Scott Sommers has written a wide-ranging and thoughtful post on education in Taiwan. The ostensible topic is globalization, but far more interesting to me is his take on testing. He argues that the prevalence of centralized testing in Taiwan is not a holdover from imperial times, but a new policy implemented by the KMT to deal with the primacy of Japanese as the language of literacy on the island.
Prior to 1905, tests had been used in Imperial China for the selection of public servants. This system had disappeared almost completely (Tien, 1972). One of the KMT’s first actions was to revive and expand testing to include a vast array of different aspects of life. The imposition of government-controlled paper-and-pencil tests to every facet of life in Taiwan assured that the government could define what legitimate knowledge would be. By writing these tests only in the Mandarin-language and by assuring they contained political information about China and KMT doctrine, the government/KMT came to define legitimate professional knowledge in a very political way.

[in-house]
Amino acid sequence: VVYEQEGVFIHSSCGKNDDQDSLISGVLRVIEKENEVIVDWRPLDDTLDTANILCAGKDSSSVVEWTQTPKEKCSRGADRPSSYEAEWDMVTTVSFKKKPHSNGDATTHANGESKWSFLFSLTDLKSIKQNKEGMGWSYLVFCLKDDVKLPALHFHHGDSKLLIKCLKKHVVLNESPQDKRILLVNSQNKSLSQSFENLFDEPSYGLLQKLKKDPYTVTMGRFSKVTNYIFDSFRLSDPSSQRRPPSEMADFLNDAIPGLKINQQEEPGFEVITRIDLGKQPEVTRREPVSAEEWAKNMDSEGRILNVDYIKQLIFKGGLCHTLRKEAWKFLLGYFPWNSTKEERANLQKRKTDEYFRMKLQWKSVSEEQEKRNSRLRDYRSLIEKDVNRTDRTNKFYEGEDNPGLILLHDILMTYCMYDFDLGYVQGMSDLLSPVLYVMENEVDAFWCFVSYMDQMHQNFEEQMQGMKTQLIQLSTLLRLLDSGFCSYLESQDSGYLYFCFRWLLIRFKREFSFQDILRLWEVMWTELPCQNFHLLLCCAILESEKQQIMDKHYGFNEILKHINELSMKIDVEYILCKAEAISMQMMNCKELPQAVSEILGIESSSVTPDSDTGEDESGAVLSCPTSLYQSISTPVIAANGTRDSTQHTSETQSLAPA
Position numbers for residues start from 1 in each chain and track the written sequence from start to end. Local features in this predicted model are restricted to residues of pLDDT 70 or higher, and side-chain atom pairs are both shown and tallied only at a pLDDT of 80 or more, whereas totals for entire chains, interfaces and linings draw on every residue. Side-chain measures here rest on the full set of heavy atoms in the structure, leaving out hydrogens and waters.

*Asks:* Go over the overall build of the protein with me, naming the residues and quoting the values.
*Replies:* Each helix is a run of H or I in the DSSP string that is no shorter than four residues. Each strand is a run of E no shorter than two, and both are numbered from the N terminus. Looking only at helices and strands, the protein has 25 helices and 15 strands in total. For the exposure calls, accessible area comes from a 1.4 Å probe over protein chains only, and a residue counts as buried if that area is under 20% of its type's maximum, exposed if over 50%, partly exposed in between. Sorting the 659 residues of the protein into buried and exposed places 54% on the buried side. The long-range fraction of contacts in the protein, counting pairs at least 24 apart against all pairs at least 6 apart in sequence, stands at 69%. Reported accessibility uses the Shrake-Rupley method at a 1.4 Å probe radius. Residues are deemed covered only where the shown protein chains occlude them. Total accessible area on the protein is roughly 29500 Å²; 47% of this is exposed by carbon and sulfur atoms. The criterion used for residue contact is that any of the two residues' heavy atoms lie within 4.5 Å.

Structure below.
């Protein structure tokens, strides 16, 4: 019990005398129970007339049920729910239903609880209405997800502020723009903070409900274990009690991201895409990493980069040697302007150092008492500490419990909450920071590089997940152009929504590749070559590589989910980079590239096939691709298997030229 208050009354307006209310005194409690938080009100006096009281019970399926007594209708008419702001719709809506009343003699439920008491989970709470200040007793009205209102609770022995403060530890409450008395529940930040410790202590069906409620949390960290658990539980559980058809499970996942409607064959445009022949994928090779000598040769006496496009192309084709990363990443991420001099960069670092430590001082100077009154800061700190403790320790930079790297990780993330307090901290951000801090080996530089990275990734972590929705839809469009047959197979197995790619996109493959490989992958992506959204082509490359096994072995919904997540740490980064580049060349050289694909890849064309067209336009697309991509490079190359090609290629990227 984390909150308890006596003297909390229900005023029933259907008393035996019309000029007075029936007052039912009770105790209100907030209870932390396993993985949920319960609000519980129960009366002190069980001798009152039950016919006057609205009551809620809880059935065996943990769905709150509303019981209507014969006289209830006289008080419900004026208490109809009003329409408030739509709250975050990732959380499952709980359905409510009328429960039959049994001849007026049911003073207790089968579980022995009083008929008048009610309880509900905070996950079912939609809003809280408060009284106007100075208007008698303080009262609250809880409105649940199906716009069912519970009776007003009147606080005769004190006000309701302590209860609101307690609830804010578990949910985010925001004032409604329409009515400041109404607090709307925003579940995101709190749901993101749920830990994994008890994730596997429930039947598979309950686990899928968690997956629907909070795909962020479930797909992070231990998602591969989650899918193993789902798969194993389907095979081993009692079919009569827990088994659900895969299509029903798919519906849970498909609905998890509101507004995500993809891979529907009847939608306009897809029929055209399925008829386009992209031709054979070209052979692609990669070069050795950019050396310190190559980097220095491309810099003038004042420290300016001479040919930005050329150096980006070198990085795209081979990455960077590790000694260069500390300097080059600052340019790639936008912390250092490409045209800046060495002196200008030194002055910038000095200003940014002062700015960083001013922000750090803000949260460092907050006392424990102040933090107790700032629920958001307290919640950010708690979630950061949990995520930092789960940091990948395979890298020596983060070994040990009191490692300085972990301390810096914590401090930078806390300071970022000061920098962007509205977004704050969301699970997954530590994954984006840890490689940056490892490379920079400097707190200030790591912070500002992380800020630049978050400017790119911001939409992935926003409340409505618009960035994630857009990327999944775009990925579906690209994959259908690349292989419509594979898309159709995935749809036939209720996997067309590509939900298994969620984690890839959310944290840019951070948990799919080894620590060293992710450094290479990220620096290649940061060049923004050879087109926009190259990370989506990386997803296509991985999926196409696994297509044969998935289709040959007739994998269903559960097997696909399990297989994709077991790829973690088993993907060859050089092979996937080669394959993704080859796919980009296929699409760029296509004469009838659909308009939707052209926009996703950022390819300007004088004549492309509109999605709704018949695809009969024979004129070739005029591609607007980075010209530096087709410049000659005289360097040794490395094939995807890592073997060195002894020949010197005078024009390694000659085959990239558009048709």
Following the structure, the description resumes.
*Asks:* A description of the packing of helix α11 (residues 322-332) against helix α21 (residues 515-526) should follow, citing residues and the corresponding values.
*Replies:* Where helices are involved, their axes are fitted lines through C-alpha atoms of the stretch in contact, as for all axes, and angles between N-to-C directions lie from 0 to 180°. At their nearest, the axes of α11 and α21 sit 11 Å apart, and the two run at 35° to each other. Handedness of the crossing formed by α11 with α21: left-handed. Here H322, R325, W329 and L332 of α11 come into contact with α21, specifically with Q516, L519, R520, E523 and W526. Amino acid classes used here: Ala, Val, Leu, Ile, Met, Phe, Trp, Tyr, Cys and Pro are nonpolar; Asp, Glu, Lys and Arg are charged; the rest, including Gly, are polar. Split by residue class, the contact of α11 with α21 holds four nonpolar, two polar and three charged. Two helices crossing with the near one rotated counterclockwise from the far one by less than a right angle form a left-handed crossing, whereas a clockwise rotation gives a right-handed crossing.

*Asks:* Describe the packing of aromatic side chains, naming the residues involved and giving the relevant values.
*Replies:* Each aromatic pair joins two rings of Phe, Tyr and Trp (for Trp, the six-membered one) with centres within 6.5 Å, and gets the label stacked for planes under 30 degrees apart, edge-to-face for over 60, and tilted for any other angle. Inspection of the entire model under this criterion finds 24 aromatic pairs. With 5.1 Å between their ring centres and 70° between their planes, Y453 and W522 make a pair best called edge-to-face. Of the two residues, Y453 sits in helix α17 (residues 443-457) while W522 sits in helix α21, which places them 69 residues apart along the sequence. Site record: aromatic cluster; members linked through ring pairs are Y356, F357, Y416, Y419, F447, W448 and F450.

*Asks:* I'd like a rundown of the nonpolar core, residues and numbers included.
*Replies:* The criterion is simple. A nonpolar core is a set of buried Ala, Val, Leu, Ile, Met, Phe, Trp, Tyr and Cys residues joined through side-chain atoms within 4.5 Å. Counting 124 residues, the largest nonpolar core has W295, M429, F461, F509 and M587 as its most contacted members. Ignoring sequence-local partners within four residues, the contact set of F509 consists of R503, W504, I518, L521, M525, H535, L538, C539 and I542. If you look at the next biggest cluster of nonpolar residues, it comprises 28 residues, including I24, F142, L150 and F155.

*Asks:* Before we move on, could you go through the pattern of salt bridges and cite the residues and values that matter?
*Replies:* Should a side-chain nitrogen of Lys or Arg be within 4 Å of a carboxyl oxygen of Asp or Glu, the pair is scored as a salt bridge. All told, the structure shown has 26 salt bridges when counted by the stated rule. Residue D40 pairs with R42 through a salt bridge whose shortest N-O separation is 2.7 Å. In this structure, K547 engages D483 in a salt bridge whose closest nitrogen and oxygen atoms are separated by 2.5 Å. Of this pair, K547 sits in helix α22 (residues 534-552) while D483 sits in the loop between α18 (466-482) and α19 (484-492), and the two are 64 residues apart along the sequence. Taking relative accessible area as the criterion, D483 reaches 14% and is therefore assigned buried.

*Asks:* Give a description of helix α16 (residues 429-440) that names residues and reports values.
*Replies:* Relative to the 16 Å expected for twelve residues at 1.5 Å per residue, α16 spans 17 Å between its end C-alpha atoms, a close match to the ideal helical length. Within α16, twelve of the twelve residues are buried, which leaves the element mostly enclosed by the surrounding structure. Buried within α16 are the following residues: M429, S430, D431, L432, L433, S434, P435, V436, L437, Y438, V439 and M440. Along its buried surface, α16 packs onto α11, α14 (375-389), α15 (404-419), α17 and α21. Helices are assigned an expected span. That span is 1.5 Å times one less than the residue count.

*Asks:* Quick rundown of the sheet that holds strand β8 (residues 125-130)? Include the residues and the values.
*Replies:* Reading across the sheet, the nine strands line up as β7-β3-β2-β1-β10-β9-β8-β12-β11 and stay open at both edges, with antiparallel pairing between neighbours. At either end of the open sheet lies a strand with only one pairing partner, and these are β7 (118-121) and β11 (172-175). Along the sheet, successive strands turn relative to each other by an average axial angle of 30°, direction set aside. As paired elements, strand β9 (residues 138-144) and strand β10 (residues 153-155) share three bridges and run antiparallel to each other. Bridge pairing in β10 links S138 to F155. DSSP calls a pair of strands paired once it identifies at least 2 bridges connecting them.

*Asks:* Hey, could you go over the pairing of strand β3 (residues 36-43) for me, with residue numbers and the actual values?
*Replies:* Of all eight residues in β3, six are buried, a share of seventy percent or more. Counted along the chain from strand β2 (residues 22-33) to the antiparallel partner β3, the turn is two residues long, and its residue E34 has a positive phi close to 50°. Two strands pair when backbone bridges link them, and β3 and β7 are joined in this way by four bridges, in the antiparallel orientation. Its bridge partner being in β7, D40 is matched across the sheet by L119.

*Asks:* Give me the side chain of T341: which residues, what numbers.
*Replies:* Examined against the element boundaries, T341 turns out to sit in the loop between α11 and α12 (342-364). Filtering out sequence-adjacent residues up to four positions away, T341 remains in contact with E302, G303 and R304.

Scott then goes on to compare the role of testing in contemporary Taiwan with other countries which rely extensively upon testing for educational advancement, specifically focusing on Canada.
The differences lie in who gets to write these tests, and hence in who defines what knowledge is important. As I stated above, in Canada and other Western states, it is the professionals themselves who write them. In Taiwan, while professionals do the writing, they do so following complex rules for content that are defined by government agents. What must not be lost is that this is a system established and expanded to control access to many aspects of life under the military control of the KMT. And that perhaps the single biggest aspect of life that military government was forced to deal with at the time of the establishment of the testing system was the lack of Mandarin language skills among indigenous Taiwanese.
It would be interesting here to compare Taiwan with India, where testing in English has been an important part of the bureaucracy since Lord Macaulay’s time.